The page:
Talk:Legendre's conjecture

From Wikipedia, the free encyclopedia
Jump to: navigation, search
WikiProject Mathematics (Rated Stub-class, Low-importance)
WikiProject Mathematics
This article is within the scope of WikiProject Mathematics, a collaborative effort to improve the coverage of Mathematics on Wikipedia. If you would like to participate, please visit the project page, where you can join the discussion and see a list of open tasks.
Mathematics rating:
Stub Class
Low Importance
 Field:  Number theory

Related Conjectures[edit]

If any one of the following is proven true, then Legendre's is proven true too.

Andrica's: pn+11/2-pn1/2<1 for all n => 1.

Opperman's: pi(n2+n) > pi(n2) > pi(n2-n) for n > 1.

Brocard's: pi(pn+12) - pi(pn2) => 4 for n => 2.

Grimm's: if n+1, ..., n+k are consecutive composite numbers, then we can find distinct prime numbers pi so that pi divides n+i.

and Sierpinski: For every integer n > 1, let the n2 integers 1,2, ... ,n2 be written in an array with n rows, each with n integers, like an n x n matrix, then there exist a prime number in each row.

Reddwarf2956 (talk) 21:41, 15 July 2008 (UTC)


I've proven that Legendre's conjecture is true. Please visit... to see my solution; I've included a proof for Legendre's {stronger} conjecture as well. Enjoy! Bill (talk) 02:21, 26 February 2012 (UTC)

Thank you for posting this to the talk page and not the article. As you may know, Wikipedia has policies against original research and conflict of interest edits. If your work is published by a reliable source like a peer-reviewed journal then you can suggest addition to the article. PrimeHunter (talk) 03:03, 26 February 2012 (UTC)


When did this conjecture get first published? John W. Nicholson (talk) 00:48, 4 June 2014 (UTC)

"Most historical accounts of the Prime Number Theorem mention Legendre's experimental conjecture (made in 1798 and again in 1808)...." 2601:18C:C601:7D90:C8BB:88CA:8966:7BAB (talk) 15:58, 1 February 2016 (UTC)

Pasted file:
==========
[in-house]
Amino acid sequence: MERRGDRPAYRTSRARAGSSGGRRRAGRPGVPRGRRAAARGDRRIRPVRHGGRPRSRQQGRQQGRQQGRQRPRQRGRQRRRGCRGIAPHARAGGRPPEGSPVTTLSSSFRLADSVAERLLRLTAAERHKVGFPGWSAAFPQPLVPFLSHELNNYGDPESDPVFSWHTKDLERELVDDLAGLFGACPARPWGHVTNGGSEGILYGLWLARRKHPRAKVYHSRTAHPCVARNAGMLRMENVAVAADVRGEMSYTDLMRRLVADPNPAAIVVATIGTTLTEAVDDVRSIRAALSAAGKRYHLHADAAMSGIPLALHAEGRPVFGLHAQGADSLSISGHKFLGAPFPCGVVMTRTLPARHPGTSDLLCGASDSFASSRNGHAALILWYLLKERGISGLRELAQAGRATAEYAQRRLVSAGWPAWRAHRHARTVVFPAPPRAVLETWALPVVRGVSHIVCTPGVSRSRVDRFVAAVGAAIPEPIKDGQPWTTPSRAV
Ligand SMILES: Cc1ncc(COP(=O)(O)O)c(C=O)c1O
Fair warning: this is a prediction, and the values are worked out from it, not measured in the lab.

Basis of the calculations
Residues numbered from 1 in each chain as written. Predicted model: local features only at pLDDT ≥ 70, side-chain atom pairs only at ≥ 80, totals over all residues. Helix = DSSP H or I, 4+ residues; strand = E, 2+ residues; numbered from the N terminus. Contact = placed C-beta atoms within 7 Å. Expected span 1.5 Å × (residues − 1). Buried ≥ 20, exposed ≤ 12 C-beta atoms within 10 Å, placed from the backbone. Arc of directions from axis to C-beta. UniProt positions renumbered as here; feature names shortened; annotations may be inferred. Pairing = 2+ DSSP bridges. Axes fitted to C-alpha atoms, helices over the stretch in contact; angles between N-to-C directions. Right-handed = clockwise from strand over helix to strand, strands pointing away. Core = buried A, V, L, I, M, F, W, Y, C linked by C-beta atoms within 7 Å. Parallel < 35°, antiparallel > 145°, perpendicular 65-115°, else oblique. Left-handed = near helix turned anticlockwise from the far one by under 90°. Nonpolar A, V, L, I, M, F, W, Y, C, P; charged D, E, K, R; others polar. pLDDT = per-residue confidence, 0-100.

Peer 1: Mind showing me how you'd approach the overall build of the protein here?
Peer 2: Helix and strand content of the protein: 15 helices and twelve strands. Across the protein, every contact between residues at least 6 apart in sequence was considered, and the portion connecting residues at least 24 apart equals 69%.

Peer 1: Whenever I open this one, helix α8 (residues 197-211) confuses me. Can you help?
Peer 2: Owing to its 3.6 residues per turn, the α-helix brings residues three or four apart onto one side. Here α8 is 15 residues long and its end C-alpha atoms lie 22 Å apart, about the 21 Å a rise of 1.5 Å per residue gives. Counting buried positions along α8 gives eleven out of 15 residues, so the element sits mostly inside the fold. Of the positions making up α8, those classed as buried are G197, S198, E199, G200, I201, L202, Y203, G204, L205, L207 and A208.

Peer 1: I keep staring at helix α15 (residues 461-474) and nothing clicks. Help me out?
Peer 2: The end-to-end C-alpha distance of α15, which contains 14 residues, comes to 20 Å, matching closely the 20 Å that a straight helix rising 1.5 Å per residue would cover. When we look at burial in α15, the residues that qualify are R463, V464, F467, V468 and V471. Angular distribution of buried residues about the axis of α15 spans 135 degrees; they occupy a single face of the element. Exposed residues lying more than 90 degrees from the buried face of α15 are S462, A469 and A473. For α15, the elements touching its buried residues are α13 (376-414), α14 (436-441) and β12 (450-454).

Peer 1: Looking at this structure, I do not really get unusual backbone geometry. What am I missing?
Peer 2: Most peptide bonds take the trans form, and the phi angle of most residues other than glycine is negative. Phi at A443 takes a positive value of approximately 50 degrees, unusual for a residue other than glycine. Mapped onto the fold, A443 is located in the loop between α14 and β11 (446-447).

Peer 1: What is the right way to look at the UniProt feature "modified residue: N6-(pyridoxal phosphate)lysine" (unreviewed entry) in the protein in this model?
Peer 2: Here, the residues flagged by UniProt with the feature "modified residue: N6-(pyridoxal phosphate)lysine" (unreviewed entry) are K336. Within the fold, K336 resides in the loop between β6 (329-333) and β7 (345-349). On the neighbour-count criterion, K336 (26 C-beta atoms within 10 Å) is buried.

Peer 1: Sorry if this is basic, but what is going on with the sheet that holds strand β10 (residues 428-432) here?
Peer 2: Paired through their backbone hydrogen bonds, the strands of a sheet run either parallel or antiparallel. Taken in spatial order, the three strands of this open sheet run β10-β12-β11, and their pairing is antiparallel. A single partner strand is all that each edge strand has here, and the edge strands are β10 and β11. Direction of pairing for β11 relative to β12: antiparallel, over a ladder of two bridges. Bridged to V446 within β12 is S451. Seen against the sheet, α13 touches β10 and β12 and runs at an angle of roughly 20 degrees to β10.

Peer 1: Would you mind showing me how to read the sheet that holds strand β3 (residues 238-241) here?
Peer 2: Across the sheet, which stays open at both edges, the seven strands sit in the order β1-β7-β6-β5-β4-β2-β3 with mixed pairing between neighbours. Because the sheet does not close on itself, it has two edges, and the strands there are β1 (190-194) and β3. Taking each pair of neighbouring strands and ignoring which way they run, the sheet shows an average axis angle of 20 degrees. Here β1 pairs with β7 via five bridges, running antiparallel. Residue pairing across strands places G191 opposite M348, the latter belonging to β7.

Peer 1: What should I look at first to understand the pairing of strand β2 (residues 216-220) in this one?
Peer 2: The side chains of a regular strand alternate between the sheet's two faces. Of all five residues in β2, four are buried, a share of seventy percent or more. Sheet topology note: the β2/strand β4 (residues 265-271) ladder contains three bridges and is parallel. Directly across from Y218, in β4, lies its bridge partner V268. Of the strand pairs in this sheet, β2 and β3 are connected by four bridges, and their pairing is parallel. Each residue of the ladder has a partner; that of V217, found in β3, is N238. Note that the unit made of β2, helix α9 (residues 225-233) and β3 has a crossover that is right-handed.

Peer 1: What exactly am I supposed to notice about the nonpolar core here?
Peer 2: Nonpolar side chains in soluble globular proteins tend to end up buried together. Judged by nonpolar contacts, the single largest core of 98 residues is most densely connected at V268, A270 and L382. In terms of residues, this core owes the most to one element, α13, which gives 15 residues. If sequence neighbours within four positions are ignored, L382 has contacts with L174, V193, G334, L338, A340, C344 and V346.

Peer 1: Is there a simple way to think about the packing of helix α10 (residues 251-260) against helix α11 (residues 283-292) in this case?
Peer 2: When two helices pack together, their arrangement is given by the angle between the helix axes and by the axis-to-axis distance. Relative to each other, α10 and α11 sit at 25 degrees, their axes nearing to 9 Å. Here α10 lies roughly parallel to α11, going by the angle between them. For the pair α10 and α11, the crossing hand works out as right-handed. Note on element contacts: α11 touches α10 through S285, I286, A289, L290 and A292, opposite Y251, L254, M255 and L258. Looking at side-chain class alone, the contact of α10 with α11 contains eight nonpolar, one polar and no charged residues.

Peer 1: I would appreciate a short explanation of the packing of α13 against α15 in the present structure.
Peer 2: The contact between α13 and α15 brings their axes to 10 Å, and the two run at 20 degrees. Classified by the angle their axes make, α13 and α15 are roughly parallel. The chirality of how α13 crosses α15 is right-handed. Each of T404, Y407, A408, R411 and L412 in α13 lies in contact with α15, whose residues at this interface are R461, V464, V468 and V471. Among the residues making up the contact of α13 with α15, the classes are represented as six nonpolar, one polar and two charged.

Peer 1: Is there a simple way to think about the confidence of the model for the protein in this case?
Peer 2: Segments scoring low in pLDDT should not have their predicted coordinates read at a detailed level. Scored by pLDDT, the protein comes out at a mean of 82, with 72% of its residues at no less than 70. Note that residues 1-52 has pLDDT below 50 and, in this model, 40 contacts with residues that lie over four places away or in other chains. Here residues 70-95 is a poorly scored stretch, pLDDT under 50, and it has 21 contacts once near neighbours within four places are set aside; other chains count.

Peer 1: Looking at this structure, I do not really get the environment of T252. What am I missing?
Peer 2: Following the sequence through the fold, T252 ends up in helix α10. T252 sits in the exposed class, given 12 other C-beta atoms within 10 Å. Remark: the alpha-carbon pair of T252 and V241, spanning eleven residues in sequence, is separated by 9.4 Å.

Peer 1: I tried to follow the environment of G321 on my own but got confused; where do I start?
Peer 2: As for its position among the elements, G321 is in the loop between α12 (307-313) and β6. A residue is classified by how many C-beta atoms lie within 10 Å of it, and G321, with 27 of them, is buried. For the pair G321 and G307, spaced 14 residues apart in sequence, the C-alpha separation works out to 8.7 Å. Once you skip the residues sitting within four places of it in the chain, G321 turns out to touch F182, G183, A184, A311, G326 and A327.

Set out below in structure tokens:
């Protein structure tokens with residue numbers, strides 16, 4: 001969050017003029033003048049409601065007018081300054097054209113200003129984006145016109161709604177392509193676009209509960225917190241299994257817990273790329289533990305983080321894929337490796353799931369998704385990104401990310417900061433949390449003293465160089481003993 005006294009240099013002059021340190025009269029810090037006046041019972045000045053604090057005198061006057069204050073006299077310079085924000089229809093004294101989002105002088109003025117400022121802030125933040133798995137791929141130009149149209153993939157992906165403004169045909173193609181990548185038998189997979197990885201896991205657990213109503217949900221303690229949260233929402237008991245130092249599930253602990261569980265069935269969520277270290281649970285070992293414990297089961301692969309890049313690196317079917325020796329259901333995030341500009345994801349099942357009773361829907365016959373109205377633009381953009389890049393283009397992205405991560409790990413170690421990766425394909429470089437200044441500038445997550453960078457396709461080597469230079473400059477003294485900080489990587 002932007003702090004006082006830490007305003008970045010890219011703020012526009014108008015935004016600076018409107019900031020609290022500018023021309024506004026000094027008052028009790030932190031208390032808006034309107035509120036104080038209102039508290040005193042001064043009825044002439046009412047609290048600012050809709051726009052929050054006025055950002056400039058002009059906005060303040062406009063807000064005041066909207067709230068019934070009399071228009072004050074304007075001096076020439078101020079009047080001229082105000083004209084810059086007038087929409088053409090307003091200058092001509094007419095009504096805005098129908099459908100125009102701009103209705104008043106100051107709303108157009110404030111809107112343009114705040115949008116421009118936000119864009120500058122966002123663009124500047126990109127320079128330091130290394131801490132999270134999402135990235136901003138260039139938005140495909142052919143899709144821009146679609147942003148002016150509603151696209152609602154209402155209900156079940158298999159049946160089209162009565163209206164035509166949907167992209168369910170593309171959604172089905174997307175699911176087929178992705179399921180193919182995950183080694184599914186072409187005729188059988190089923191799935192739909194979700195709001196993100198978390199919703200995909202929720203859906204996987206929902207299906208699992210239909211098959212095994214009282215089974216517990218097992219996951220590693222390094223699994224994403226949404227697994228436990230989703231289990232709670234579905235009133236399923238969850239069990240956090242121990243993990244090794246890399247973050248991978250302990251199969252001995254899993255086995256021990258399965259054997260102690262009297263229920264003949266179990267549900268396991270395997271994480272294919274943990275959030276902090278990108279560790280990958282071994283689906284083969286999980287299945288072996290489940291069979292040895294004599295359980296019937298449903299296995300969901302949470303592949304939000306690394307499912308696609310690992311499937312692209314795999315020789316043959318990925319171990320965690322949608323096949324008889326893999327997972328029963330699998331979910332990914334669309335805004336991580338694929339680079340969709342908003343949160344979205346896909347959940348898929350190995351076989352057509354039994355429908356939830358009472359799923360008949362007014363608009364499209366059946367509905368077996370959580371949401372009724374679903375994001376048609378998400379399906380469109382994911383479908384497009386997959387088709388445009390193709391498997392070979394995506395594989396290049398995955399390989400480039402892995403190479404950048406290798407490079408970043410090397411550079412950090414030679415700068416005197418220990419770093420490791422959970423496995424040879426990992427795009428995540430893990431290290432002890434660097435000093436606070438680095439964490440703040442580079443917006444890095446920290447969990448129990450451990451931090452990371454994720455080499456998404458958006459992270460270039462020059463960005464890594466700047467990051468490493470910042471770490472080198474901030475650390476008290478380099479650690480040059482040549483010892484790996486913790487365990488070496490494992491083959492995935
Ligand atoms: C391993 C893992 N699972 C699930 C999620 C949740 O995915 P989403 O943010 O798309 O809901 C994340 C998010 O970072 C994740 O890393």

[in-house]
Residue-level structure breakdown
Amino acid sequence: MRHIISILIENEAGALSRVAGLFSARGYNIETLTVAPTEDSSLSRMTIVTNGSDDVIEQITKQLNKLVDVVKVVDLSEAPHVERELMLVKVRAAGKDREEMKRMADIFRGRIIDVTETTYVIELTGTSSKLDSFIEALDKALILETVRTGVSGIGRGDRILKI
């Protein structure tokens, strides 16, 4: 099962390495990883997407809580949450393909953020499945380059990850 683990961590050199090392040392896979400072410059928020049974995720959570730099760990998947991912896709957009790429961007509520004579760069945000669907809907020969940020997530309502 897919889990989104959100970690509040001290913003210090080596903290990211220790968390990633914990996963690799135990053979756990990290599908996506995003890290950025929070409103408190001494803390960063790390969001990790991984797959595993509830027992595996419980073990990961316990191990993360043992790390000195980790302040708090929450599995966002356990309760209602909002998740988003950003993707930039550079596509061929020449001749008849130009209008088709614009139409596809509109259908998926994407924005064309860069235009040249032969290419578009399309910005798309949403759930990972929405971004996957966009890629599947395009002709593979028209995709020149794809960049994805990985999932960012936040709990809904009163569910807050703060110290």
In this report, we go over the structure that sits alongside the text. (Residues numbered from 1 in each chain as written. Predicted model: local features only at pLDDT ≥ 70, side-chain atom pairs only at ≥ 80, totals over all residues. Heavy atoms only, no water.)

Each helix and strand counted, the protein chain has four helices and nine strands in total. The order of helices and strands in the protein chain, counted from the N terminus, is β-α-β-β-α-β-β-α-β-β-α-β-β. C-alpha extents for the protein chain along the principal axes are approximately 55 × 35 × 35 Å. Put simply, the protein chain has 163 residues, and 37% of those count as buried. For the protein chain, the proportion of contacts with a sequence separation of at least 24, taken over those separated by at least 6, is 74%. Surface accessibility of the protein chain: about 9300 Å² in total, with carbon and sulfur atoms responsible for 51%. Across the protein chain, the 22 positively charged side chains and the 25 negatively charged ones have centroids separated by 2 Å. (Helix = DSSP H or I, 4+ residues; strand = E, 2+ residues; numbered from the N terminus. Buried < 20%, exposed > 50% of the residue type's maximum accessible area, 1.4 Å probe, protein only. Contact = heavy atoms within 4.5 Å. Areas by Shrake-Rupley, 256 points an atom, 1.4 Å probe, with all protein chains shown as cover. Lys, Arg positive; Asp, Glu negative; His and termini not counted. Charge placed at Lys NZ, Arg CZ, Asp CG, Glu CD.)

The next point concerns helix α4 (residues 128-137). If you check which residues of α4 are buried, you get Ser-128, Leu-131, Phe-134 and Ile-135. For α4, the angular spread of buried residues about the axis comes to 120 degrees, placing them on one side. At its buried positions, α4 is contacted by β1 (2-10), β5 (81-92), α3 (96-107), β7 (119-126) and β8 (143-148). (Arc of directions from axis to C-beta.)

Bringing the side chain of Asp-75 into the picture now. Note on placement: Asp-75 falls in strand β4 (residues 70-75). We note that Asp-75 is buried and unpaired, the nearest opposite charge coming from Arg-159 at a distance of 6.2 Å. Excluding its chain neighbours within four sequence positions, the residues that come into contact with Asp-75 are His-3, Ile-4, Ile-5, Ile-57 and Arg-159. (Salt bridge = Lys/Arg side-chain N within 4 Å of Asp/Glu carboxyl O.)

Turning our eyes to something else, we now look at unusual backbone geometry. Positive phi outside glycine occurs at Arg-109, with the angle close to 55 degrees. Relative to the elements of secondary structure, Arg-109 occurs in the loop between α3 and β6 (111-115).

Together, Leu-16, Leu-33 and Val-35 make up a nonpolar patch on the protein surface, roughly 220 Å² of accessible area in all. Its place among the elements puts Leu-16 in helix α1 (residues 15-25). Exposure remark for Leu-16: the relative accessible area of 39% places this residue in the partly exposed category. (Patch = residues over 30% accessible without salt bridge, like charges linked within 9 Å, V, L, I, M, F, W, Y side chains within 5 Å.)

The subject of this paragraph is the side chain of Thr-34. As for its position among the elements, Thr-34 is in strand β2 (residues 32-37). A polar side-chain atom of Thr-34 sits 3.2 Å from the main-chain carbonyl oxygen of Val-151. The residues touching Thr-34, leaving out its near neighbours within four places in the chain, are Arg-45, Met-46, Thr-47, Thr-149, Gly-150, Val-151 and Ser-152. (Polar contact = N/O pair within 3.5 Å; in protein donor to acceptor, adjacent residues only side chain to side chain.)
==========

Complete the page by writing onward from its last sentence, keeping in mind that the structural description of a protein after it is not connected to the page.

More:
Unsolved ?[edit]

Is it correct to say that a statement is unsolved? Personally, I would say that only problems, questions, puzzles and the like can be unsolved. What I think is meant is that the statement is neither proven nor disproven. Can I change to that? --Ettrig (talk) 15:03, 27 August 2015 (UTC)

A conjecture is a question which has not been solved, so no don't change it. Yes, proving/disproving it will solve the question at hand, but the language is correct. John W. Nicholson (talk) 15:33, 27 August 2015 (UTC)
It is your personal view that A conjecture is a question. This view is not supported by the articles in Wikipedia or Wictionary on Conjecture. I think you are referring to a special meaning which is common among mathematicians (I can see why it is) but cannot be assumed in a Wikipedia article. --Ettrig (talk) 15:47, 27 August 2015 (UTC)
I will put it like this, you can state the conjecture, I will state the question that the author of the conjecture is asking. In this case it is Legendre asking 'is there a prime number between each natural square?' John W. Nicholson (talk) 20:11, 27 August 2015 (UTC)
I have no objection to the proposed alternative wording -- it seems at least as clear as the current wording. --JBL (talk) 23:07, 28 August 2015 (UTC)